In case you’re wondering, yes the patient was still awake. In 1638 he had little alternative, except perhaps passing out with the pain. But far from being in agonies, he was apparently the most enthusiastic spectator:
…which was viewed by all that were standing by, and greatly applauded both by them and the patient himself, who professed that this was the very knife he some few days before had swallowed, but the wound itself when the knife was drawn forth was quickly allayed.
The English translation carries a rather wonderful frontispiece which shows the remarkable size of the knife and the incision from which it was removed.
It would be reasonable to expect some pretty major complications to follow an operation of such gravity, performed two hundred years before surgeons had any idea how to avoid infection. But this patient enjoyed a near-miraculous recovery. The surgeon cleaned the external wound and then stitched it with five sutures; ‘tepid balsam’ was poured on it before a dressing of clay, egg-white and alum was applied.
The following day he was well enough to eat chicken broth, ‘boiled with bitter and astringent herbs’, which doesn’t sound the sort of thing I’d want to eat straight after a stomach operation. After week his doctors declared him out of danger, and he was given rhubarb to aid his digestion.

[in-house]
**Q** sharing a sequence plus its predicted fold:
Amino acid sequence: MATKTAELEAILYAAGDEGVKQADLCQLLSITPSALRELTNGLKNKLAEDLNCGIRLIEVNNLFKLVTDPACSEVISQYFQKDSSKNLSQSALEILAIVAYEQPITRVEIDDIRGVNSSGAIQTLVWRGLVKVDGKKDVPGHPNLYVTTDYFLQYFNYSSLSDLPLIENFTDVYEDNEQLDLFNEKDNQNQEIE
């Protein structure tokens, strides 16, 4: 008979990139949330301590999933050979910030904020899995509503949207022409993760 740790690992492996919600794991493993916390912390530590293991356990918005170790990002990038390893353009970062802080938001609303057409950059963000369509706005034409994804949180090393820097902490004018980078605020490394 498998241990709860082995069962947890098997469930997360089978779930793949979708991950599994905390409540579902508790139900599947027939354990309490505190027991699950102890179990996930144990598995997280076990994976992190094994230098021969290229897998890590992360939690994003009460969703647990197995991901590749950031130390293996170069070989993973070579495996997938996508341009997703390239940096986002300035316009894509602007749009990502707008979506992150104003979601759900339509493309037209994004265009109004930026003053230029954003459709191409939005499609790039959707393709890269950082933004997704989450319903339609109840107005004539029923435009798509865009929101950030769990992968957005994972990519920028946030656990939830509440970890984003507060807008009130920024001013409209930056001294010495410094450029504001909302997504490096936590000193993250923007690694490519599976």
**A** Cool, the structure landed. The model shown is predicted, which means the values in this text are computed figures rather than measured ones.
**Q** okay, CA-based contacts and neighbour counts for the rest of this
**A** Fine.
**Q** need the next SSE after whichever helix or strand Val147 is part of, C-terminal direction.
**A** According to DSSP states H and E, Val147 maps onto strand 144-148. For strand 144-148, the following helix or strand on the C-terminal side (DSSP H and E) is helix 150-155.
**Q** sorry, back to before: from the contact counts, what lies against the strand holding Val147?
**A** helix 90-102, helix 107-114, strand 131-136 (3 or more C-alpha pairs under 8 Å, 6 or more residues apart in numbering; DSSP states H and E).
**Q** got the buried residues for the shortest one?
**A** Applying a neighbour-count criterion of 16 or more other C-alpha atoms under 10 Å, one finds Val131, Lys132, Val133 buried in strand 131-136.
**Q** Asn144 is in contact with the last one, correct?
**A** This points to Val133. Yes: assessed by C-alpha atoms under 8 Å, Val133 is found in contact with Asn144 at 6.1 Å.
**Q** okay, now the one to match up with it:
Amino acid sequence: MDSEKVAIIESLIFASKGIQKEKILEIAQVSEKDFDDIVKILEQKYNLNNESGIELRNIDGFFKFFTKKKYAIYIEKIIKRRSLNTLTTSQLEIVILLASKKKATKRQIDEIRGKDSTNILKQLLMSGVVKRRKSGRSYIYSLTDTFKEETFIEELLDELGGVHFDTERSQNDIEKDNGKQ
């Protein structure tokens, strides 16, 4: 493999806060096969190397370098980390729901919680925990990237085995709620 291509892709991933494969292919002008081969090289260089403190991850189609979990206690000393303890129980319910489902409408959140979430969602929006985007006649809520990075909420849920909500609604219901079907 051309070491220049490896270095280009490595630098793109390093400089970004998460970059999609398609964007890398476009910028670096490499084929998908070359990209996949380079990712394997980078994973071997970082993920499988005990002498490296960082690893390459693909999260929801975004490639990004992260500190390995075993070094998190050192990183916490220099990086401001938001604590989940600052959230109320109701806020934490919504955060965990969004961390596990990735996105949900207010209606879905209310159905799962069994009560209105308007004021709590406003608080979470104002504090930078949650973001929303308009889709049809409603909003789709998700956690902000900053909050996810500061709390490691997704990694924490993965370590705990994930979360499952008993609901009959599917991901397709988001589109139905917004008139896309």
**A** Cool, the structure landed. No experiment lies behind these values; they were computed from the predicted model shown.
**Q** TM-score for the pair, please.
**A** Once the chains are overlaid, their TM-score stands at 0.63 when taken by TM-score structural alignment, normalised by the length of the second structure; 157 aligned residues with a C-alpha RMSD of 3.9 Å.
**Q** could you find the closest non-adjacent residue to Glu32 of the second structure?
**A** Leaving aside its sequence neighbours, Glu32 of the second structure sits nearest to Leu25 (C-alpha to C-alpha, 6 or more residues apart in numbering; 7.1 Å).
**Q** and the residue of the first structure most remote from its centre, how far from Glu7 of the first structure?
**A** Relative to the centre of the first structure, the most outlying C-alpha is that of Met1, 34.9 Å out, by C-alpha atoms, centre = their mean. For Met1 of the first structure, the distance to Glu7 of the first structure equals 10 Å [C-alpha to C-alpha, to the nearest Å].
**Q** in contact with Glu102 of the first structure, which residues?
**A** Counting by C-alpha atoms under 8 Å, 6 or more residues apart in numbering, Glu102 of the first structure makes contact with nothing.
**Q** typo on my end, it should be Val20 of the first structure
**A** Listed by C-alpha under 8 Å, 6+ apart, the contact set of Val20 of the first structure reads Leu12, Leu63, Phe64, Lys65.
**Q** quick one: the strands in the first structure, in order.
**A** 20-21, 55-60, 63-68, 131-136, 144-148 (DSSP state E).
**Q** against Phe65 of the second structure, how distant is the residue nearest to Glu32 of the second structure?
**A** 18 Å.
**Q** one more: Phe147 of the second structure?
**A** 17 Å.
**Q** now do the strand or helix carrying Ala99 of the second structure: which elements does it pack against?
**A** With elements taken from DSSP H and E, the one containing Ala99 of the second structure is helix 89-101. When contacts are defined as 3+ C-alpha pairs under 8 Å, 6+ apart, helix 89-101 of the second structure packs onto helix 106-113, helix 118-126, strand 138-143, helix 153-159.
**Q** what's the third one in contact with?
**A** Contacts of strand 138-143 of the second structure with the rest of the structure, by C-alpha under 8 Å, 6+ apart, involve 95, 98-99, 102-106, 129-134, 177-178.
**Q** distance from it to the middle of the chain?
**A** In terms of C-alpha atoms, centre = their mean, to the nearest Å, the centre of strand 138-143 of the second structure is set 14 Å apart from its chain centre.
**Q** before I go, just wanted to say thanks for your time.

The same treatment and dressing were continued until the 23rd of July, which was the 14th day after the operation, when the wound had healed, and nothing occurred afterwards worthy of notice. He was restored to the best of health, gradually returned to his ordinary diet and employment, and never afterwards complained of pains in his stomach.
And the knife? It was a fearsome object, described in a later article in the Philosophical Transactions as being six and a half inches long. which was apparently ‘kept in a velvet bag in the King of Prussia’s library.’
The author of that article, Dr Oliver, met a Scottish merchant living in Köningsberg, who told him
that Andrew Grünbeide was his particular friend and acquaintance; that he saw his wound several times when his surgeons dressed him, and was godfather to one or two of his children afterwards.
It’s an amazing story, and a historic operation: gastric surgery would remain a rare and risky undertaking until the twentieth century. It seems likely that it was only the second successful procedure in which a surgeon had successfully opened the stomach of a living patient; the first had taken place as early as 1602. The surgeon was a barber-surgeon called Florian Mathies; his patient was a professional knife-thrower and yes, he’d swallowed a knife. There really is nothing new under the sun.